- there are core "protected" budget articles (which include defence spending) - those are balanced with reliable incomes.

- other budget articles, those are balanced with additional  non reliable incomes, such as the incomes from foreign trade (gas/oil included).

- it is assume that most of oil/gas incomes would go into reserve funds anyway.

Edited by ikalugin
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Inflation and rising prices is the same thing by the way. We got into (natural) population growth in recent years actually. 

http://www.cbr.ru/hd_base/default.aspx?Prtid=mrrf_m

Yes, they got down in the 2014. Would still last a few years though. Collapse of the ruble is actually a good thing for the budget - their foreign currency revenues would allow them to keep non protected budget article going. The stagnation/recession was coming even before the Ukrainian crisis and only points that we need an economical reform, which was promised by Putin during his address to the Federal Council

 

It is inevitable regardless of those factors, as this is how our laws regarding the budget work. Over simplified version of those is:

- there are core "protected" budget articles (which include defence spending) - those are balanced with reliable incomes.

- other budget articles, those are balanced with additional  non reliable incomes, such as the incomes from foreign trade (gas/oil included).

- it is assume that most of oil/gas incomes would go into reserve funds anyway.

no policy change Russia will lose most of the reserves that should be spent on the economy, and will be lost to the rescue of the ruble - without the money and foreign investment, and because of the flight of capital, it is impossible to reform the economy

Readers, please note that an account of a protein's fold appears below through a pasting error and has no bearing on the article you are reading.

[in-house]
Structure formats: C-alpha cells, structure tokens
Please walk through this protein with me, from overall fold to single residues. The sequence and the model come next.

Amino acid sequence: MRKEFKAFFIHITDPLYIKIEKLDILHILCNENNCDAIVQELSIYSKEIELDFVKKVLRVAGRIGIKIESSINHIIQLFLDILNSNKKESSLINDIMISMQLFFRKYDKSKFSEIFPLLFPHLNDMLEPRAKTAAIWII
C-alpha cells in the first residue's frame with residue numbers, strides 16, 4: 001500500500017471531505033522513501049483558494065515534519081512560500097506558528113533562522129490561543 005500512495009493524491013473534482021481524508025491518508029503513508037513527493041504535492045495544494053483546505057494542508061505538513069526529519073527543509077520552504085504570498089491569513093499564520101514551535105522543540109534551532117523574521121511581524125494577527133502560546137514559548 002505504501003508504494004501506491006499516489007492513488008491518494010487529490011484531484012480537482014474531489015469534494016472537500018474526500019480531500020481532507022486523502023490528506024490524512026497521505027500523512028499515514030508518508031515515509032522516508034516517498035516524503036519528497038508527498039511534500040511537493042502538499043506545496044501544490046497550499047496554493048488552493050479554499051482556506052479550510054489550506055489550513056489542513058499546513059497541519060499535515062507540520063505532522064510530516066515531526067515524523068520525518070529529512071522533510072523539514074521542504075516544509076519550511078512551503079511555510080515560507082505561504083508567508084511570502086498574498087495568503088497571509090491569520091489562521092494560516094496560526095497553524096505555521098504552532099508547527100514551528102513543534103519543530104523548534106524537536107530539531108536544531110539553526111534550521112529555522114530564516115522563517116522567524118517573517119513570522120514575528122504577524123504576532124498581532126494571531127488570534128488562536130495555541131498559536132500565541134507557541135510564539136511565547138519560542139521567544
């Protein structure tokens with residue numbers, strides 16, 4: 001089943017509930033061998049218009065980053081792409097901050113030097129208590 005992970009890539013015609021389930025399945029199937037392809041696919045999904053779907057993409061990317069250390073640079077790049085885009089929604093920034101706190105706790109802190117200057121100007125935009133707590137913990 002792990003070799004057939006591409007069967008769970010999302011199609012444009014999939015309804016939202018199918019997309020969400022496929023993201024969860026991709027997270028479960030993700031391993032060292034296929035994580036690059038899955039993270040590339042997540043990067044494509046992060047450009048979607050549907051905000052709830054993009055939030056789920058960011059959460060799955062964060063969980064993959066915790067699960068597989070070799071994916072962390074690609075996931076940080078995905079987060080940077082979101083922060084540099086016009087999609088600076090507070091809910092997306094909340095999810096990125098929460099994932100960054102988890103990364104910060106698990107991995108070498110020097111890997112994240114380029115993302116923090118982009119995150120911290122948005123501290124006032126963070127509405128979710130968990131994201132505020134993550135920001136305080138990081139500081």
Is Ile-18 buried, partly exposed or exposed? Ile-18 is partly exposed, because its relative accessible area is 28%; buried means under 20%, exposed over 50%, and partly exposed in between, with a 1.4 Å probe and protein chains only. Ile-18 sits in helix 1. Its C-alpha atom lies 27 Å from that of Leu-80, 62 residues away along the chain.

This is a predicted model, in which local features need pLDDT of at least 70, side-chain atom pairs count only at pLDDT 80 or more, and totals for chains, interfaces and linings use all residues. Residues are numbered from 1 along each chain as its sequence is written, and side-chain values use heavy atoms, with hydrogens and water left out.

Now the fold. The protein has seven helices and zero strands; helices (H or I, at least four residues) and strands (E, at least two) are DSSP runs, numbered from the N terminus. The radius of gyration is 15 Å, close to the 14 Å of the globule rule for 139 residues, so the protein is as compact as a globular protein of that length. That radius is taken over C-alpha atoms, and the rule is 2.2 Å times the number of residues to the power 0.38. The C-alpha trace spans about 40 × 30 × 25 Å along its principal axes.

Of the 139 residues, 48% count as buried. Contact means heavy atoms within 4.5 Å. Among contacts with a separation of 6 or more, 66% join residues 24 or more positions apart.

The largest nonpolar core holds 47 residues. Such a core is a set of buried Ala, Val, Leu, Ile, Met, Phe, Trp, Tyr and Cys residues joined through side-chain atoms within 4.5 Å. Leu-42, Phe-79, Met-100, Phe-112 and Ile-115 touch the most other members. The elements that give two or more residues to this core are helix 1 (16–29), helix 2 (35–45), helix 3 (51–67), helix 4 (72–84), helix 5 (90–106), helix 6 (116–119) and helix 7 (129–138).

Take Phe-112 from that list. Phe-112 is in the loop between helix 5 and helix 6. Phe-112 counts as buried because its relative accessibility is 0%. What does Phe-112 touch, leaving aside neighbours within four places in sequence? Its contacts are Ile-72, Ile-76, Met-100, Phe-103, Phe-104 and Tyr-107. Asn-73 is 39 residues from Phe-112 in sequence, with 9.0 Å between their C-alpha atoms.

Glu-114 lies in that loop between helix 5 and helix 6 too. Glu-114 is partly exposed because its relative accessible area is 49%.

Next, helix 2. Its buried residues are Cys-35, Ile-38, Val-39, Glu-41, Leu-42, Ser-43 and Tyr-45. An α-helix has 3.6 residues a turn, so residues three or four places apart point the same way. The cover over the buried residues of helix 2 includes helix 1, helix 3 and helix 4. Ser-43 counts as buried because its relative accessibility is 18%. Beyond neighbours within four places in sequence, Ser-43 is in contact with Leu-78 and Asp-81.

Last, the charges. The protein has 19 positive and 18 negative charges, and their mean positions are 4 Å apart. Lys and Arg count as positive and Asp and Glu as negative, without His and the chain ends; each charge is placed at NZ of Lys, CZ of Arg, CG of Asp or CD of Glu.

- The law (fight against corruption), the free market, political stability, innovation, competition, a strong middle class, small companies are the engine of the economy, and the money (your own or investors) to fuel this engine
Russia does not have the engine and the fuel is already over.
Edited by waclaw
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Why "rescue" the ruble? Foreign investment comes from other places, such as PRC (via the currency swap deals for example).

 

We have anti corruption laws (anti corruption comity head mr.Kabanov http://president-sovet.ru/members/constitution/read/24 ismy friend), free (but regulated) market, political stability and other factors that you have mentioned.

 

Thus your arguments are just factually wrong.

Edited by ikalugin
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Why "rescue" the ruble? Foreign investment comes from other places, such as PRC (via the currency swap deals for example).

 

We have anti corruption laws (anti corruption comity head mr.Kabanov http://president-sovet.ru/members/constitution/read/24 ismy friend), free (but regulated) market, political stability and other factors that you have mentioned.

 

Thus your arguments are just factually wrong.

 

 

 

that is, all right?
- $ 120 billion has been spent on rescuing rubal (this is not the end)
- More than 100 billion euros of capital fled from Russia (this is not the end)
- War of ukraine, annexation of Abkhazia, sanctions and the price war (oil) - means political instability - which is why the ruble collapsed and capital flees
- Inflation / high prices
- 138 place of corruption index  (for 175 countries) http://www.transparency.org/cpi2014/results- Russia has the anti-corruption law - except that it does not work (lack of transparency, oligarchy, dictatorship, no opposition, no free media)
- Dependence on oil prices
- Pauperization
 
current troubles of Russia, this is just the beginning, and has only been one year.
Edited by waclaw